In another tweet, The Points Guy shared an article on being aware about occupancy limits while booking hotel stays. Vacationing with a family of four or five in the US maybe easy, however, booking family trips to Europe and other countries requires strict adherence to occupancy limits. For instance, a family of four or more will require to book two rooms in London and Paris. The article noted that travellers can save money while booking stays with families by using hotel points and paying a cash supplement, applying for upgrade certificates that will help in booking a larger room at no extra cost, and by booking a second room at a discounted price.

Booking also trended in a discussion related to taxi-booking service provider Venue Butler launching their taxi-booking devices for hotels across Chicago, shared by LODGING Magazine. The free taxi booking device allows a guest to request for a taxi within a minute, with the device displaying all the information related to the booking status, the cab driver’s medallion number and name, and the expected arrival time, according to Thomas Kruyne, the managing director of Venue Butler. The front desk also stays informed about the bookings on the Venue Butler device and can track the ongoing request for taxis by guests, including delays and cancellations, the article highlighted. The device’s built-in sim card allows 99.9% up time, allowing guests and hotels to book cabs at all times. The card comes with the address of the hotel that is pre-configured in the device and is connected with Chicago’s largest yellow cab services.

4. Restaurant – 104 mentions

Plant-centric hotels and tours becoming popular, mobile chatbots helping restaurants resolve customer issues and needs in a post-Covid world, and Kimpton Hotels and Restaurants partnering with Talkspace to offer free counselling to its guests and employees, were some of the trending discussions in Q1.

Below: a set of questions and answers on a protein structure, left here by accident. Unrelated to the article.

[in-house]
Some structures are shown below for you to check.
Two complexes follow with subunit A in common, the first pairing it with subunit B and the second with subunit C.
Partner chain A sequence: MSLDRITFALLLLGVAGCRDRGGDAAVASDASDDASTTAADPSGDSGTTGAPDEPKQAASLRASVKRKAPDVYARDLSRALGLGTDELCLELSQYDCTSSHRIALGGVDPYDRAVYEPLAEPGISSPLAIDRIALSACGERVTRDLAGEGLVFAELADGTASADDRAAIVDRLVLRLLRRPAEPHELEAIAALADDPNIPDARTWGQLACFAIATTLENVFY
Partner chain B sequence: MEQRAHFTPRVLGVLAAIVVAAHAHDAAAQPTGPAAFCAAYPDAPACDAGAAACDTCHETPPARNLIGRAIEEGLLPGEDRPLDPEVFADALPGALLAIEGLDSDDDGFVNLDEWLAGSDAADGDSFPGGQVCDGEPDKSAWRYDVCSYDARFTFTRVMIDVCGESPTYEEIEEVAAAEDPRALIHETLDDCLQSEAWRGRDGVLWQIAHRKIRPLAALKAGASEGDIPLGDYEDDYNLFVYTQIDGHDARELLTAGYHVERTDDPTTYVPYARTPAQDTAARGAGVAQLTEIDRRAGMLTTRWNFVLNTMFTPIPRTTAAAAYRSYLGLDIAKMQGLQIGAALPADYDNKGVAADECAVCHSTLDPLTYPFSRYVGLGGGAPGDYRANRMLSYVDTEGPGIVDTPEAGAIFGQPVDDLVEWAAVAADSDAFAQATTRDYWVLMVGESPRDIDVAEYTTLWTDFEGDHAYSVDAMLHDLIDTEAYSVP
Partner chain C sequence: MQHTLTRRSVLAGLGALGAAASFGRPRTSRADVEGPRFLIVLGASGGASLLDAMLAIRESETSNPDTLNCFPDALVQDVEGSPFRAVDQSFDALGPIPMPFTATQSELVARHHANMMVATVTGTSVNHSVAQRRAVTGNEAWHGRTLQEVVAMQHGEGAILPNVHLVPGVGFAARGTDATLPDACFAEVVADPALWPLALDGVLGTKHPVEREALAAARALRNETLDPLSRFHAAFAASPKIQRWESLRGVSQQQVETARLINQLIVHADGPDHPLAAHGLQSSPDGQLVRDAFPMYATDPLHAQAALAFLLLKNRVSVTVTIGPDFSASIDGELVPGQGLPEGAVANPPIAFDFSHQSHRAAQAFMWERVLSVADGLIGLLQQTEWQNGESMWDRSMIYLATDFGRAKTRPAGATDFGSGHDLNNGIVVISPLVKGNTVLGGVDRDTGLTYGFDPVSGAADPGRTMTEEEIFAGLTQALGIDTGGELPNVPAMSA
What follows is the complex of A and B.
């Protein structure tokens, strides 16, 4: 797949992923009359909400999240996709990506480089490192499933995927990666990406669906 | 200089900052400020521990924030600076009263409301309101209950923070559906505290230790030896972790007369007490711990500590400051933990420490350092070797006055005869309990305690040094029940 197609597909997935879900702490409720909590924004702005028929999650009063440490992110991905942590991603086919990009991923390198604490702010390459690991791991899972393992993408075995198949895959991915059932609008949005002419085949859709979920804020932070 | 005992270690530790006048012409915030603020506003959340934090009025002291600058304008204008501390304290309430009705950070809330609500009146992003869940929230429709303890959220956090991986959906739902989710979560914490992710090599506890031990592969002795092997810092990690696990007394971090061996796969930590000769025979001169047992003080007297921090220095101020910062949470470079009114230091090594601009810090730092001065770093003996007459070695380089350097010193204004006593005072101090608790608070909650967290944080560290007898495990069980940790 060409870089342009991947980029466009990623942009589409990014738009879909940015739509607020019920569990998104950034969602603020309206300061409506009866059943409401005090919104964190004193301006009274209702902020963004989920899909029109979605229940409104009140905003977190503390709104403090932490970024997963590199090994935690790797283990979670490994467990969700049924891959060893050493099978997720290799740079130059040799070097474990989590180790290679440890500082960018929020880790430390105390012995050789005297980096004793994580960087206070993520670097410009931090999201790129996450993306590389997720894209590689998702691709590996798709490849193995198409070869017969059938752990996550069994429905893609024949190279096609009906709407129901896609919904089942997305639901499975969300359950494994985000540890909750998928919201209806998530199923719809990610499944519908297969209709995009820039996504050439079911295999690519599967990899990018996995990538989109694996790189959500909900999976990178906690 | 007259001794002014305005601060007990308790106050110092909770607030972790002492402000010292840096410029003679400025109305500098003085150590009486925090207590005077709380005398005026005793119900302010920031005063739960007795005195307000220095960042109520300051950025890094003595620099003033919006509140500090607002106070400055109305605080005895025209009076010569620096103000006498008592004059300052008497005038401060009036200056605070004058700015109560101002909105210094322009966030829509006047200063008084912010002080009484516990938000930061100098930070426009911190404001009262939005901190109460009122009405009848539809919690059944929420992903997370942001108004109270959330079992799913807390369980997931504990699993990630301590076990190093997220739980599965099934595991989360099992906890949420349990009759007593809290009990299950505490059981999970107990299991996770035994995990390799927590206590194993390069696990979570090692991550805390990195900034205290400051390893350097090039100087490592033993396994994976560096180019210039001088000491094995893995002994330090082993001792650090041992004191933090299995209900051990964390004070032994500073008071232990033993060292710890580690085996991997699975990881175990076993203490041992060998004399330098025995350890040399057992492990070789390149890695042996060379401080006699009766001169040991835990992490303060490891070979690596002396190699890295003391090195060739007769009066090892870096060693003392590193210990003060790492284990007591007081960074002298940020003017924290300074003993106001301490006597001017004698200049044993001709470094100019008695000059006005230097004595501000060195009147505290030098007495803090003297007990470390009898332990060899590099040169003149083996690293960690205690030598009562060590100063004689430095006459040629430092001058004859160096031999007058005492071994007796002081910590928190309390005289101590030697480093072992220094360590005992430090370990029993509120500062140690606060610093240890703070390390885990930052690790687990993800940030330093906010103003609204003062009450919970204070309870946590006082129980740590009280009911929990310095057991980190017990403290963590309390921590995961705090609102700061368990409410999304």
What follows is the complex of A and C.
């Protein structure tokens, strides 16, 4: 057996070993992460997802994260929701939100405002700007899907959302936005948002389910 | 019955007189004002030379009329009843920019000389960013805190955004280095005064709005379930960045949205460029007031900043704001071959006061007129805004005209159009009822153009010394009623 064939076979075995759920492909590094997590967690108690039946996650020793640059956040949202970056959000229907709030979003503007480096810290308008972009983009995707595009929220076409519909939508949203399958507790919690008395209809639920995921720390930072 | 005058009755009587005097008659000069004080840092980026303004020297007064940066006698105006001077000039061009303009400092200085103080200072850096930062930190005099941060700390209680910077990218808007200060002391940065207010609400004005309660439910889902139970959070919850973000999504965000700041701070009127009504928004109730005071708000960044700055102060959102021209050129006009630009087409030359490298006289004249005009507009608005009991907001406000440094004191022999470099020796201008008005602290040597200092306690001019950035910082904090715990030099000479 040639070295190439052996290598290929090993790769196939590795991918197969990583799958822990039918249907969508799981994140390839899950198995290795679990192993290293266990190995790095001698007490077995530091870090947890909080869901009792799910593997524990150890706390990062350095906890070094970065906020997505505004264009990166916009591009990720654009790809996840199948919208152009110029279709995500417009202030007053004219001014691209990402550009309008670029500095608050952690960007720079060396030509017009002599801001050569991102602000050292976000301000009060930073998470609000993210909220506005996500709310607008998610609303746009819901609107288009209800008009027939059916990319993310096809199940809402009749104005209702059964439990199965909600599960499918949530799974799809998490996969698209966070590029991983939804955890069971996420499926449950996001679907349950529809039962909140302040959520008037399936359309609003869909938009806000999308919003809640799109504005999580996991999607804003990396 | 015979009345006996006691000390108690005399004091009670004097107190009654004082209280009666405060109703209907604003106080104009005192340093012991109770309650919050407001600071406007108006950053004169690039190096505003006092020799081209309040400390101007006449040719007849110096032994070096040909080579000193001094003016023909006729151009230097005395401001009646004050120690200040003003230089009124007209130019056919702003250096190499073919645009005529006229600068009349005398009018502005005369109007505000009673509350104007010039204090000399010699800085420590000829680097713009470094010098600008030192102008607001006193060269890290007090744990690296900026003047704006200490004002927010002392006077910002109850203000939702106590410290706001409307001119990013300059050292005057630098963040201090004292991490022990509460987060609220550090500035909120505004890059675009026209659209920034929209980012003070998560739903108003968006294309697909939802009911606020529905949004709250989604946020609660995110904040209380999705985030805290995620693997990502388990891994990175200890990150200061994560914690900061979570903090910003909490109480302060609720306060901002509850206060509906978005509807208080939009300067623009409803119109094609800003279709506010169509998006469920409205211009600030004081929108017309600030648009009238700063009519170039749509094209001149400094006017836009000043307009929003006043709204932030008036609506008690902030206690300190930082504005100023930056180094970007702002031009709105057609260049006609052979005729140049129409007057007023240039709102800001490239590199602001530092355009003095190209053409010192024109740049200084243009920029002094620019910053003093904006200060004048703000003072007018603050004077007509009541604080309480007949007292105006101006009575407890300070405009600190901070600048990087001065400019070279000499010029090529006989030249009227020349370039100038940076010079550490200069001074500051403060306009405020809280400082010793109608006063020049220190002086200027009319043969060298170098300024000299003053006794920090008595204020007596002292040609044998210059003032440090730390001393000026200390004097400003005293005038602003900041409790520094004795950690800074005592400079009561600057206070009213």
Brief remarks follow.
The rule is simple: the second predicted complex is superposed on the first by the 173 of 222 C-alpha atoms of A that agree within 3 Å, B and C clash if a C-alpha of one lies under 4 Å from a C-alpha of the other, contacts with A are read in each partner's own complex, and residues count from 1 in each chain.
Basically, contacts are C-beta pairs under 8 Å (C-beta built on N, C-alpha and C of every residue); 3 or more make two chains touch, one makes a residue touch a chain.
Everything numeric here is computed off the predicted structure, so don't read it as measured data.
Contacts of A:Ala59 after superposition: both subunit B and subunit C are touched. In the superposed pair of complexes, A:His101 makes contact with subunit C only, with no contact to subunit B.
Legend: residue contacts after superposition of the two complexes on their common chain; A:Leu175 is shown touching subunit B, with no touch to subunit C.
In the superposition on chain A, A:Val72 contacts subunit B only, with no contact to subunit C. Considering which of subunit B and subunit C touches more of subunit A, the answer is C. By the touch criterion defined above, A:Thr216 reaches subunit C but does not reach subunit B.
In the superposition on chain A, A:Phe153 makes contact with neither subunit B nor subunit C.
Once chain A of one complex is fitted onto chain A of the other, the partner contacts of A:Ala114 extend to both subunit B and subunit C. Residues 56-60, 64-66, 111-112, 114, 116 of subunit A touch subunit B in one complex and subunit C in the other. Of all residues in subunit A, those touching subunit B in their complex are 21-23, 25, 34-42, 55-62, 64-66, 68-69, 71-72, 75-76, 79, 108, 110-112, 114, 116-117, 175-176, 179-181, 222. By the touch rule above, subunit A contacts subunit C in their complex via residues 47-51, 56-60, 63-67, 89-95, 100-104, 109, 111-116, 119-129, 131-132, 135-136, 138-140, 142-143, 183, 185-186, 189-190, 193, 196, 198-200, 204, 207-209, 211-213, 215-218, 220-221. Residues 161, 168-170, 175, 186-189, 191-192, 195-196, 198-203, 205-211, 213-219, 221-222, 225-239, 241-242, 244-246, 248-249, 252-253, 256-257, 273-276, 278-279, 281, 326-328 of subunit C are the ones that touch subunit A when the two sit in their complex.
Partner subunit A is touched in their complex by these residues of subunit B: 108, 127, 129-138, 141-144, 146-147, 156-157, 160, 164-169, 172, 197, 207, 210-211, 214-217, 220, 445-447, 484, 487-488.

Veronica Stoddart, a travel and tourism expert, shared an article on the emerging popularity of vegan travel. Plant-centric hotels, restaurants, and tours are becoming popular across Mexico and Greece. Vegans are low in number in the US although a growing number of Americans are quitting meat for environmental reasons, the article detailed. A 2019 survey by Ipsos Retail Performance found 9.7 million Americans to be vegan, compared to 300,000 about 15 years ago. Hotels are taking advantage of this switch to plant-friendly diets by introducing plant-based welcome mat with vegan menus and interiors, the article highlighted.

Marriott Bonvoy’s Aloft Hotels, for instance, recently introduced vegan and vegetarian breakfast items to its grab-and-go lobby markets in more than 150 North American hotels. Hotels are also revamping the interiors and amenities to suit sustainable travel apart from introducing vegan menus, the article detailed. The Koukoumi Hotel in Greece, for example, started a vegan restaurant and a spa that uses plant-based massaging oils in 2020. Furthermore, travel companies such as Responsible Travel have introduced about 1,000 vegan-friendly vacations to support and protect wildlife by 2030.

In another tweet, Richard Burns shared an article on mobile chatbots playing a critical role for restaurants in a post-Covid world by offering customer support and driving revenues through meaningful interactions. Mobile chatbots have become a relevant tool for restaurants, due to the popularity of restaurant and food delivery apps among consumers during the pandemic. Digital solutions, including dynamic restaurant menus, chatbots, geolocation-based delivery tracking, customised menus and delivery options, are therefore integral to improving customer experience, the article noted.